And if anyone doubts that this is how the health system functions (although I doubt that many readers of this blog do), I recommend the new book “An American Sickness: how healthcare became big business and how you can take it back”, by Elisabeth Rosenthal (Penguin Random House, 2017). Rosenthal, a former New York Times reporter whose fantastic series “Paying till it hurts” ran in the Times a couple of years ago, is now the editor-in-chief of Kaiser Health News. I have cited her reporting frequently in this blog and in my 2015 book “Health, Medicine and Justice: designing a fair and equitable healthcare system” (Copernicus Healthcare). Indeed, “An American Sickness” overlaps considerably with my book, but is by a much better-known figure, and hopefully will be widely read. Rosenthal, a physician, pulls few punches in this work, saying unequivocally that the US health system is designed and functions to maximize the income and profit of providers (especially hospitals), insurance companies, and pharmaceutical and device manufacturers. (An excellent review of the book by Jacob Hacker, Professor of Political Science at Yale, can be found here.) Rosenthal identifies the ten “Economic rules of the dysfunctional medical market” (which I have reproduced in the figure); all are important but #10, “Prices will rise to whatever the market will bear” is particularly critical, and reflects that the health system bears little or no relationship to a true market, and does not play by Adam Smith’s rules.

(E. Rosenthal, “An American Sickness”)

1.      More treatment is always better. Default to the most expensive option.
2.      A lifetime of treatment is preferable to a cure.
3.      Amenities and marketing matter more than good care.
4.      As technologies age, prices can rise rather than fall.
5.      There is no free choice. Patients are stuck. And they’re stuck with buying American.
6.      More competitors vying for business doesn’t mean better prices; it can drive prices up, not down.
7.      Economies of scale don’t translate to lower prices. With their market power, big providers can simply demand more.
8.      There is no such thing as a fixed price for a procedure or test. And the uninsured pay the highest prices of all.
9.      There are no standards for billing. There’s money to be made in billing for anything and everything.
10.   Prices will rise to whatever the market will bear.

Rosenthal supports each of these rules with data and examples. Regarding rules #8 and #9, in an NPR interview with Terry Gross on “Fresh Air” ,she emphasizes the importance of getting an itemized bill from the hospital and going through it line by line, citing a person who found $70,000 in outpatient surgery charges for an inpatient hospitalization, and others billed for circumcisions their newborn sons did not have. But it is not always easy; in the book she tells of a person who demanded an itemized bill rather than the one she received, where the total of $45,000 was simply labeled “Miscellaneous”! The hospital never sent it, despite it being her legal right, but did send her to a collection agency! Rosenthal says we would never tolerate shopping at a supermarket with no prices where they just sent us a $2000 bill every week. We should not tolerate this in healthcare.  Every single service must have a listed, easily accessible public price. It may be fine to discount it for some insurers, and even more for some than for others, but the list price must be as clear as we expect it to be for anything else that we buy.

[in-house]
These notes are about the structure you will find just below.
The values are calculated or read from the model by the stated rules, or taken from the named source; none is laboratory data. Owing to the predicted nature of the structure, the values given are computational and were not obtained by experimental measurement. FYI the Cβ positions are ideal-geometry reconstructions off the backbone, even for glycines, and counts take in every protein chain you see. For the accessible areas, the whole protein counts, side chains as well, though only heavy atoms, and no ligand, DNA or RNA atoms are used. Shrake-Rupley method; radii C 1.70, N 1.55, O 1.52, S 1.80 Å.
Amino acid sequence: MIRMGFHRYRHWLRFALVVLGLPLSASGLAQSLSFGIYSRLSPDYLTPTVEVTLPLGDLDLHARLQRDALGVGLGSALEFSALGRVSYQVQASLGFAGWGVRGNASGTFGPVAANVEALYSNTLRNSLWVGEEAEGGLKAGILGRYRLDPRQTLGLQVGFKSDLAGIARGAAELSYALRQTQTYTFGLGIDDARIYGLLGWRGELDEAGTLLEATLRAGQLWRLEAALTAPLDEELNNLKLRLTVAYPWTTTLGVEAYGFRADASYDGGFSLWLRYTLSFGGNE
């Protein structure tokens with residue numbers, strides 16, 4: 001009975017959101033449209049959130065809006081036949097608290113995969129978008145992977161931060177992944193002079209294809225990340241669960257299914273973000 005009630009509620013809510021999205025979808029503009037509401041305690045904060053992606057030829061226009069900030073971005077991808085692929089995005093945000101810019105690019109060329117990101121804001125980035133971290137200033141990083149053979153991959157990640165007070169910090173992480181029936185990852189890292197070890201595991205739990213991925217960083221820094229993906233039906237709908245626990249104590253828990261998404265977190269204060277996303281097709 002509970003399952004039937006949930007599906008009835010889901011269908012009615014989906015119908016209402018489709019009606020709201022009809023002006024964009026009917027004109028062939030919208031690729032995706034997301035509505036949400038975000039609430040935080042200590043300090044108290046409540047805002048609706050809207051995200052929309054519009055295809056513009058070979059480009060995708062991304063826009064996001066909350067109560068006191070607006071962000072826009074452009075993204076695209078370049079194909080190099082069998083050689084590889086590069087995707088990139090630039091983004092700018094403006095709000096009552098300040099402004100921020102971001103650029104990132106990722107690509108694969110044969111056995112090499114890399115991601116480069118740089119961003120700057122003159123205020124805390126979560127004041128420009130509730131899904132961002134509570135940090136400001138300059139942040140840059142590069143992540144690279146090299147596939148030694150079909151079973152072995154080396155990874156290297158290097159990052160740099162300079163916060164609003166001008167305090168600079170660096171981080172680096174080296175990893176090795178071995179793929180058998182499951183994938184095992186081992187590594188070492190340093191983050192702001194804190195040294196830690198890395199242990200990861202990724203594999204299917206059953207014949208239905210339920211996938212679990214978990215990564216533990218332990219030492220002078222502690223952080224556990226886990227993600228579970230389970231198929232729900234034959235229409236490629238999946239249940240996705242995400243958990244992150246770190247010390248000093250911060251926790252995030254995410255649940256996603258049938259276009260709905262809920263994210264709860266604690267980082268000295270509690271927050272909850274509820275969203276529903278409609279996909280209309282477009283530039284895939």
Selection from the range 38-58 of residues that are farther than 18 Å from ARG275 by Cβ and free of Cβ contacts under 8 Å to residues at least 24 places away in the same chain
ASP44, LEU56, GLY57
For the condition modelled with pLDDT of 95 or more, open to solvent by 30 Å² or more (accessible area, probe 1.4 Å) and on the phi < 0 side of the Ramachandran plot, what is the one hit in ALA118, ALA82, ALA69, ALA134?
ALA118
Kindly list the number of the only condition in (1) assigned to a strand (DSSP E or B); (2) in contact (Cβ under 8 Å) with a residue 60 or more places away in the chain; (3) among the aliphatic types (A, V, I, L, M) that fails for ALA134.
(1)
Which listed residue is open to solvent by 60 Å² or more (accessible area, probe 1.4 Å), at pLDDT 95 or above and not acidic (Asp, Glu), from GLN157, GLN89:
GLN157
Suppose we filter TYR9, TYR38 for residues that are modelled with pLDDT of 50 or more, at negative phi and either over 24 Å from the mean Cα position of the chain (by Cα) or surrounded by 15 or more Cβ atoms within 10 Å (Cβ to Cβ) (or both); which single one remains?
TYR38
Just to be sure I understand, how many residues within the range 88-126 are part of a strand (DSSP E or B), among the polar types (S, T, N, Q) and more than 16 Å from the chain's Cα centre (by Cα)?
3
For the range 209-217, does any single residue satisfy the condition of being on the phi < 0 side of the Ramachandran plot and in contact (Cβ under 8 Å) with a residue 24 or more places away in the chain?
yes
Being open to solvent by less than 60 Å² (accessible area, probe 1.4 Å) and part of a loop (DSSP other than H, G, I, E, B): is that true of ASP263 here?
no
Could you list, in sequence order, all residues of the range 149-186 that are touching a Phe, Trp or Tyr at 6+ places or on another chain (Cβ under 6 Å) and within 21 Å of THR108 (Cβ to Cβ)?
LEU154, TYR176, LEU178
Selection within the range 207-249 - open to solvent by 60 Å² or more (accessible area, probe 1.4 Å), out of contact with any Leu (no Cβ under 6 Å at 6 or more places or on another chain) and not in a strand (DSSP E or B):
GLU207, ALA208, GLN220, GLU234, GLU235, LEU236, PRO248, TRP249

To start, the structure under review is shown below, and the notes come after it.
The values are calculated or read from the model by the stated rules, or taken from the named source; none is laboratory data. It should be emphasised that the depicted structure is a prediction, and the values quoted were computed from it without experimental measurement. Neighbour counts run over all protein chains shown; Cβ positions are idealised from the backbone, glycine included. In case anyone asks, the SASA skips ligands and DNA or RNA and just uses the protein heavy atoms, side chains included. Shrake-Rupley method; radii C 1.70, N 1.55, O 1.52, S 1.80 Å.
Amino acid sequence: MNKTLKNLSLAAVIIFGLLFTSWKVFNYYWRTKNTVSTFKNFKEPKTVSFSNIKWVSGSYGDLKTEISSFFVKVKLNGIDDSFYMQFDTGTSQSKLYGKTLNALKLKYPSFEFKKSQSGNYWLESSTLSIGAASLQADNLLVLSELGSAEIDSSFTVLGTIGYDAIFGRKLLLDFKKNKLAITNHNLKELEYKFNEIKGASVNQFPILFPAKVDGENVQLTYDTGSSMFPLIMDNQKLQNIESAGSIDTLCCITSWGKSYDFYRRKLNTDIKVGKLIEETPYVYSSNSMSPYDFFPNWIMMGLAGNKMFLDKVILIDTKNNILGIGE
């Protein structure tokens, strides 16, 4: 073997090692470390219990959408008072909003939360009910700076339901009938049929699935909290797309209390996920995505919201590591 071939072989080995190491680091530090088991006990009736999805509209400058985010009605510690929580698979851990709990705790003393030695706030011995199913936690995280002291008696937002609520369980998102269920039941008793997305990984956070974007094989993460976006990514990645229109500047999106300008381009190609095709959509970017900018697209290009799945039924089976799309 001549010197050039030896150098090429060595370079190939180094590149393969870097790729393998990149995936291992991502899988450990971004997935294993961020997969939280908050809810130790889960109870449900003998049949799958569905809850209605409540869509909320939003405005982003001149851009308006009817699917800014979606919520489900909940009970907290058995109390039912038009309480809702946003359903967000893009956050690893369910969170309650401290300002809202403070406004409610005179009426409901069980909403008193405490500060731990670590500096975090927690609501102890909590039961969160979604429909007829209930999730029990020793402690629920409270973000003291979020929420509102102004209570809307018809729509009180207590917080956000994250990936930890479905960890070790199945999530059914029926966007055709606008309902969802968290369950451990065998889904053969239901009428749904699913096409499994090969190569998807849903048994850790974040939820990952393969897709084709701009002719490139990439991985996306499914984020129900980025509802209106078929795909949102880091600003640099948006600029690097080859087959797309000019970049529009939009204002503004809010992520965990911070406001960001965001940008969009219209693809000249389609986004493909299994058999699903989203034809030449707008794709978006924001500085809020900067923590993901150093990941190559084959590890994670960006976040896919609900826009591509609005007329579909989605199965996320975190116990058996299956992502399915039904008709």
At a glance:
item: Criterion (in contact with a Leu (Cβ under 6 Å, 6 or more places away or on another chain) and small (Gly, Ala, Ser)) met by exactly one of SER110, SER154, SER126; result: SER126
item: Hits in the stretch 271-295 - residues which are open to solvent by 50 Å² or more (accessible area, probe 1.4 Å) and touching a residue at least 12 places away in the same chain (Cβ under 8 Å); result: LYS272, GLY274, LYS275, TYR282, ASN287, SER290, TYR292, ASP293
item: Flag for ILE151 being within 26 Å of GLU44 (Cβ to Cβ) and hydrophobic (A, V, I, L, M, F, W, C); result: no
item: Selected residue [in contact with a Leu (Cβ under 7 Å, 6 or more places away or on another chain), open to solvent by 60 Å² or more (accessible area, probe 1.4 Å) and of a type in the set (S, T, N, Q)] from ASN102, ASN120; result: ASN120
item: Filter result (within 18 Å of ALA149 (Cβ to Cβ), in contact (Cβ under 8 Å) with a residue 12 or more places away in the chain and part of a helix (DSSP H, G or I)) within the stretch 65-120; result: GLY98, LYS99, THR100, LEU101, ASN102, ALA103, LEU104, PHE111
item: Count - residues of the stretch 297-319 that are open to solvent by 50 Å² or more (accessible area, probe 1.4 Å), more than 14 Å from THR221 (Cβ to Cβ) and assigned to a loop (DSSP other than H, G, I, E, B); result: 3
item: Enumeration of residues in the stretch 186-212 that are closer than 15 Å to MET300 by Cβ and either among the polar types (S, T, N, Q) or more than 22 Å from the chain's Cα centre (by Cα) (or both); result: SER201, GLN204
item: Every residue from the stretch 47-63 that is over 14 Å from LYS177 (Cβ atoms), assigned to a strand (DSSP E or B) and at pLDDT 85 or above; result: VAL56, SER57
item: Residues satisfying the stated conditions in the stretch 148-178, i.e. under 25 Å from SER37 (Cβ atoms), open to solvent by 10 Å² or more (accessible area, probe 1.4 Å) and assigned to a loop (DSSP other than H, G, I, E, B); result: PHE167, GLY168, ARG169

I learned some things from Rosenthal that had not even occurred to me; for example, the ACA’s 85% limit on “medical loss ratio” (i.e., the percent of premiums that insurers actually have to spend on medical care) ironically helps encourage them to be willing to pay higher prices to providers. Why would they pay $130,000 for a treatment that cost $19,000 only 15 blocks south (the opening example in the book)? Well, they get to keep 15%. And 15% of a bigger number is more in their pockets. And they just pass on the cost as higher premiums! Rosenthal discusses an important conservative health economist who is known for saying the high cost of US healthcare is overblown, but (amazingly) sings a very different tune when confronting the hospital bill for his father!